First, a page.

Along the way, she met the same old woman who advised her to ask for Elijah’s violin. She told her what happened and asked if there was any way she could save the prince. The old woman told her to pluck three strings from the violin and burn them while in his presence.
The princess journeyed until she was tired, then stopped to sleep. In her dreams she all of a sudden understood the language of birds, and they told her a map could be found on the leaves of their tree. When the princess woke up, she plucked a leaf from the tree and continued on her way, consulting the map until she found the palace. When she got there, she presented herself to the king and asked to be alone with the prince. As soon as she was with him, she plucked three strands from the violin and threw them into the fire. While they burned, the prince’s wounds healed, and he opened his eyes. He and the princess were soon married. They lived happily ever after, playing Elijah’s violin and sometimes using it to heal people.
Once upon a time there was a poor old woman who longed for a child. Every day she prayed for God to give her a little girl or boy.
God saw how lonely she was, and He sent Elijah the Prophet to visit her. Elijah put on his usual disguise as a merchant and traveled to the woman’s humble neighborhood.
When the woman went to market and begged the merchants for food, (she could no longer afford food of her own), all the ill-humored merchants shooed her away. Dejected, she was about to leave the market when she noticed another merchant whom she had never seen. As she walked over to him, she saw all he had were six brown dates drying in the sun. “Could you spare just one?” she asked.
“Surely,” said the old man, “Take whichever you like.”
Five of the dates were little, but one was very large for a date, and that was the one she took. “Thank you, kind sir,” she said, and she went on her way.
When the woman got home, she placed the date on the windowsill where sunlight shone. Looking at it, the woman quickly decided the date was too beautiful to eat, and she went out to see if she could find food elsewhere.
The sun continued to shine on the date until it was quite warm. Soon it began to stir, and all at once it broke open and out popped a girl no bigger than the tiniest finger. She wore a dress of many colors. As she looked around, she saw that the house was quite bare and in need of cleaning, for the old woman’s broom had only a few straws left.
The first thing the girl did was lower herself out of the window with some string she had found. Once outside, she picked some of the short grasses and tied the bundle together with a piece of straw. “Oh, what a perfect broom!” she cried.
Back up the string and onto the windowsill she climbed, and then she started cleaning the house. She swept from corner to corner, until the floor sparkled like new.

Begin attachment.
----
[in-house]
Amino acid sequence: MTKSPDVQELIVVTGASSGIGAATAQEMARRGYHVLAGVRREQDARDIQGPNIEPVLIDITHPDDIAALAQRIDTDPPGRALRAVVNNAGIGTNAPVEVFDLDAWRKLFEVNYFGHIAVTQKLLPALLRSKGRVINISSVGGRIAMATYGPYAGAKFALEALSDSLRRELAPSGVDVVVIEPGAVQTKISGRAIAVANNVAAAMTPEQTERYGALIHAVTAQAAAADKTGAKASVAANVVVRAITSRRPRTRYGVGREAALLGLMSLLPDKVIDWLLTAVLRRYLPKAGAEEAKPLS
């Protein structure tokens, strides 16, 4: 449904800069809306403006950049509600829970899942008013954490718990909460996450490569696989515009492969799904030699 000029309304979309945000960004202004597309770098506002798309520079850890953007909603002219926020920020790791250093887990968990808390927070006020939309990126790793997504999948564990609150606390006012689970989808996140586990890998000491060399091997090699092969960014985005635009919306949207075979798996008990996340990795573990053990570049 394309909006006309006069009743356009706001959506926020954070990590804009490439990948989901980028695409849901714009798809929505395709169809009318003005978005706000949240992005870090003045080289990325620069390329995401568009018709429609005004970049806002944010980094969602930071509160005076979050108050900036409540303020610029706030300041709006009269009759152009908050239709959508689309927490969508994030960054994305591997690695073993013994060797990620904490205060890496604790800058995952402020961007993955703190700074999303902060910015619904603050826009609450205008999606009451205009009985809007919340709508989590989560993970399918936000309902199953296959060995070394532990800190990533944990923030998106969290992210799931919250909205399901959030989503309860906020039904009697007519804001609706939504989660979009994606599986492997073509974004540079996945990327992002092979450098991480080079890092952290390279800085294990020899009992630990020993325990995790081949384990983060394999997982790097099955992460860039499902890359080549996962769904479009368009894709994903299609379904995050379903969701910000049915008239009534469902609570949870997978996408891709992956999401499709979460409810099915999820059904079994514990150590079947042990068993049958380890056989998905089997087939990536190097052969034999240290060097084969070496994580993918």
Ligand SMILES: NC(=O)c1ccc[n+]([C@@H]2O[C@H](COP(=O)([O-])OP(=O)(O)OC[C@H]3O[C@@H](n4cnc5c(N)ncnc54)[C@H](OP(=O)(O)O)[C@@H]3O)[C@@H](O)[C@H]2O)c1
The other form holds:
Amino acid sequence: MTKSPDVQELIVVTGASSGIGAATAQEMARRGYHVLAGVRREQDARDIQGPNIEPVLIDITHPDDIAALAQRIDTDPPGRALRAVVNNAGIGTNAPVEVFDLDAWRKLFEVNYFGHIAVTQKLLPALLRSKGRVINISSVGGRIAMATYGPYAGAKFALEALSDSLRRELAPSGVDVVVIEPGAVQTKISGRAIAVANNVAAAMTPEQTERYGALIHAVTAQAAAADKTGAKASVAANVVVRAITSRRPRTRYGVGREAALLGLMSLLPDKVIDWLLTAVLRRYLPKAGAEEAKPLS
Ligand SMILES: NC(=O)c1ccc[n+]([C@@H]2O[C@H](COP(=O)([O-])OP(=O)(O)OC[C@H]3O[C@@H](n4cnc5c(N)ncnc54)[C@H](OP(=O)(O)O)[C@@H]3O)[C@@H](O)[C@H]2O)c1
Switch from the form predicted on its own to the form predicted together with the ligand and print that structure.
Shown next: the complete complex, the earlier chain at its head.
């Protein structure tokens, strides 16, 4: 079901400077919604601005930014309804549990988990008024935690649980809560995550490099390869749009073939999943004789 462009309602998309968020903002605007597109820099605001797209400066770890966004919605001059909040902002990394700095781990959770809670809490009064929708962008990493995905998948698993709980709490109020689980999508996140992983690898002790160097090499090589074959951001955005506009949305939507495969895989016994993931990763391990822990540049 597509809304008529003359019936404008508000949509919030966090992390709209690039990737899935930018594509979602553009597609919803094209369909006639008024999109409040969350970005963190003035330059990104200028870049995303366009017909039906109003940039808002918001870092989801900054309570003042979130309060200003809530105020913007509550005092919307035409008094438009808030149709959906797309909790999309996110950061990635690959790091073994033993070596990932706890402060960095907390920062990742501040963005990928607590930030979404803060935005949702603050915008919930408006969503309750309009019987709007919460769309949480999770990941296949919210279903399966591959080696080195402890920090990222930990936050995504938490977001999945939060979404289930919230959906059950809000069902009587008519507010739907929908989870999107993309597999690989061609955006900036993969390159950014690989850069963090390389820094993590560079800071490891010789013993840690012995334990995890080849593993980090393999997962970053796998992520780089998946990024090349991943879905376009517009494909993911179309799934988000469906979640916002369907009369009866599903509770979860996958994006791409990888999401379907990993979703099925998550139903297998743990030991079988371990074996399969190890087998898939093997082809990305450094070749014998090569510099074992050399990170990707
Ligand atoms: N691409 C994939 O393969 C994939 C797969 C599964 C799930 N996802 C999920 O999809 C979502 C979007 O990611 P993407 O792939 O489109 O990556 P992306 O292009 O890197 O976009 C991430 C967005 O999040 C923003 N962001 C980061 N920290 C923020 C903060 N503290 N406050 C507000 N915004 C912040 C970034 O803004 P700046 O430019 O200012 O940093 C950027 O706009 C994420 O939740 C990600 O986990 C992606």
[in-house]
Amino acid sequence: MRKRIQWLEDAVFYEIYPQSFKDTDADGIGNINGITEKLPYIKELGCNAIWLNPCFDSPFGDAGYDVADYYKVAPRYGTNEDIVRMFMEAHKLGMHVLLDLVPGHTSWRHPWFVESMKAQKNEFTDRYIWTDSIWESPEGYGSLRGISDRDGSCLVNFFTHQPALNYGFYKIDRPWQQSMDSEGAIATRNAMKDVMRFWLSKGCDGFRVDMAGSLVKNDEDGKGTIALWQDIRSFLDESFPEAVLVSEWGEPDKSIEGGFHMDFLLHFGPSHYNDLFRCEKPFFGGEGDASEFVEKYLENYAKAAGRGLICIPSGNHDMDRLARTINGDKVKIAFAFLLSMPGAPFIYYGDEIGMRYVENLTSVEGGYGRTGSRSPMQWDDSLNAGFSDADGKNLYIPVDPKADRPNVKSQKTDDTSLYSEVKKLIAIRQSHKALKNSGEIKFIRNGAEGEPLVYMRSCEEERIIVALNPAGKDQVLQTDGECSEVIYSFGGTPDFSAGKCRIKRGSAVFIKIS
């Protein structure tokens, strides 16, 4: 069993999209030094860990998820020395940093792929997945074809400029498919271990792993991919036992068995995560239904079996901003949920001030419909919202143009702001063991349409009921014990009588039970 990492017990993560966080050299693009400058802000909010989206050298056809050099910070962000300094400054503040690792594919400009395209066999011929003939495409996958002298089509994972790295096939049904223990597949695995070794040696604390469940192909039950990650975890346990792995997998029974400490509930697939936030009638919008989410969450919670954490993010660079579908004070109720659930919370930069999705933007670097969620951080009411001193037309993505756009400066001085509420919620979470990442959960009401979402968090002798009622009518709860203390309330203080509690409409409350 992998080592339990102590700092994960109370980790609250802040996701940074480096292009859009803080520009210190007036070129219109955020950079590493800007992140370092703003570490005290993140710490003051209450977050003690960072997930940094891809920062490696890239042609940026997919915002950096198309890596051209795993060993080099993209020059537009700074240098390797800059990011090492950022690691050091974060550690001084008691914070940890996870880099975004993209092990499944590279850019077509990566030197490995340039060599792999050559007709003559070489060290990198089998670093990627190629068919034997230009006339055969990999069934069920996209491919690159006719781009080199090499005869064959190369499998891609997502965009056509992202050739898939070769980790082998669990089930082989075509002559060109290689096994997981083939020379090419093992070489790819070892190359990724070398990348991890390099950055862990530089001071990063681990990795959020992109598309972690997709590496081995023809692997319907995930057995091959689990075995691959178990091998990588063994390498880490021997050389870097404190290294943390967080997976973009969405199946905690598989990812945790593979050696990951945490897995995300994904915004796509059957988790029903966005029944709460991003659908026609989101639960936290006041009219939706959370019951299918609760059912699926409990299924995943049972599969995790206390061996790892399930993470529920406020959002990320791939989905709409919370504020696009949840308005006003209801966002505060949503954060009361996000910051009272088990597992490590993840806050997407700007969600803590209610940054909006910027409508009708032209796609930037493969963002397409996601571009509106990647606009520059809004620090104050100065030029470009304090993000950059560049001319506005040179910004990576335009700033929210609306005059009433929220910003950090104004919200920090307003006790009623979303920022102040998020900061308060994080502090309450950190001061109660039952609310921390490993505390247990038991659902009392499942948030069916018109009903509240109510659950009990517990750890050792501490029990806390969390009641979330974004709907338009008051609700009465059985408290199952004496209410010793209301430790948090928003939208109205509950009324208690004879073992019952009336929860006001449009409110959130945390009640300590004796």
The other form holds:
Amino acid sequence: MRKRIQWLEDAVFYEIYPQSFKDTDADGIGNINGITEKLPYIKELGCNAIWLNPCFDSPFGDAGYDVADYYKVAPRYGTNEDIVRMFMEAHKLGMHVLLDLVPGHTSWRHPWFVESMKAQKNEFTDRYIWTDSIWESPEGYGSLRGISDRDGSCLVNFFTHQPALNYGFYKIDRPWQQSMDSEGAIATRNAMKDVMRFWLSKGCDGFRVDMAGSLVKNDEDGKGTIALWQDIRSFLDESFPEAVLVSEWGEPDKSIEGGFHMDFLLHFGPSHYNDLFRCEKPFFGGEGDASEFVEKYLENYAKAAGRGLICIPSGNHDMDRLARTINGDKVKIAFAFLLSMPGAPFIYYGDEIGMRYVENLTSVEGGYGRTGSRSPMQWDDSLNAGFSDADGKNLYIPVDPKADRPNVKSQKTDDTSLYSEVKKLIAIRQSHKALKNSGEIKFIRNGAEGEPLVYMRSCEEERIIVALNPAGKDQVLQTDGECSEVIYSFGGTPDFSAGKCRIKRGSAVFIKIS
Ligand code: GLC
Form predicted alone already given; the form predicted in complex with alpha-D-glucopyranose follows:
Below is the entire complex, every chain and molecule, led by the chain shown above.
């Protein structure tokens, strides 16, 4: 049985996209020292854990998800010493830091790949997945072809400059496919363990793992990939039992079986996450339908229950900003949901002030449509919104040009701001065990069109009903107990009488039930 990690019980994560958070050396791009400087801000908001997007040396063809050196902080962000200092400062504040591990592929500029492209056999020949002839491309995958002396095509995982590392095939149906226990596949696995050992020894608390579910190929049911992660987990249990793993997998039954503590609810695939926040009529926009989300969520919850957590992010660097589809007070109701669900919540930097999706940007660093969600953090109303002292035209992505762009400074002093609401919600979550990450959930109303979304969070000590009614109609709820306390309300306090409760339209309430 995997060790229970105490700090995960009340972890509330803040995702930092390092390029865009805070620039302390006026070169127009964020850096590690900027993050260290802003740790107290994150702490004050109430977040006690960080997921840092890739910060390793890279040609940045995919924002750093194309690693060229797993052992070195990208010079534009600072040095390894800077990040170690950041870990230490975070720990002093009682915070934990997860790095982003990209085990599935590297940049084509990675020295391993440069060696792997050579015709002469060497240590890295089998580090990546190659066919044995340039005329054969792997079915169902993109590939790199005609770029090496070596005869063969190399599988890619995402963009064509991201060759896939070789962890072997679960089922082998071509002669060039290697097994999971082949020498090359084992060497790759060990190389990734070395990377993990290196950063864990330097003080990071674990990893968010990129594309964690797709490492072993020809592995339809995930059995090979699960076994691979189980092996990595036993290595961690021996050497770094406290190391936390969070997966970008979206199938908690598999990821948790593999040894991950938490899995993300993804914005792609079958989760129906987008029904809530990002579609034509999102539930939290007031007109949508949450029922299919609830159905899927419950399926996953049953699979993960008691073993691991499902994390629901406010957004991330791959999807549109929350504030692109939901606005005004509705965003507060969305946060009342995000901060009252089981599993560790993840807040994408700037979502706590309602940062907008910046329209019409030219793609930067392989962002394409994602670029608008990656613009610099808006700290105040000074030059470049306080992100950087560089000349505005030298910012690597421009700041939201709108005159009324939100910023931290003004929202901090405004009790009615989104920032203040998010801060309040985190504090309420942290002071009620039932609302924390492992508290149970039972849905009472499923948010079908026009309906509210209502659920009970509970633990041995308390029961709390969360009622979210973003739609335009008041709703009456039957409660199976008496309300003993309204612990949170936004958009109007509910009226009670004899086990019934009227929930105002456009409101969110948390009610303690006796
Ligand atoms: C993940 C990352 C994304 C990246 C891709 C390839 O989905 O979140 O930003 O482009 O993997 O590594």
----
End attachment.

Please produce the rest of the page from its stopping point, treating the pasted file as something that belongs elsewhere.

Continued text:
Meanwhile, the old woman was walking on the road, searching for food, when she ran into the very man who gave her the date! He smiled and gave her a large olive. She thanked him and he continued on his way. The old woman went to eat the olive, but almost bit into a shiny gold coin! She hurried after the old man to give the coin back, but he was nowhere to be seen. The coin was hers to keep. “What a lucky day!” she thought.
But she was even more surprised when she got home, for there was her house, all neat and shiny! She couldn’t believe her eyes. “Who did this?” she asked out loud.
“I did, Mother,” said a tiny voice.
The old woman looked around. There on the windowsill, where the old woman had left the date, was the tiniest girl in the world. The old woman blinked to see if she was dreaming. “Did you call me Mother?”
“Yes, Mother,” said the girl. And that is when the old woman understood that the kind old man must have been Elijah. She hugged the tiny girl very carefully and asked her name.
“No one has given me a name,” she replied.
“Then I will call you Katanya, the little one,” her mother said.
Katanya and her mother lived happily together in their little hut, and they loved each other very much. Katanya’s mother made a little bed for her inside a teacup, a fur hat from a bunny’s tail, shoes out of tiny nutshells, and dresses from rose petals. But of all her clothes, Katanya loved the dress of many colors best.
Katanya helped her mother by sweeping out the house with her tiny broom. She also cleaned between the boards of the floor, an easy task for someone so small. While she did her chores, Katanya sang. She had a voice as big and beautiful as a fully-grown girl’s. Katanya’s voice filled the city with gladness, bringing joy to everyone who heard.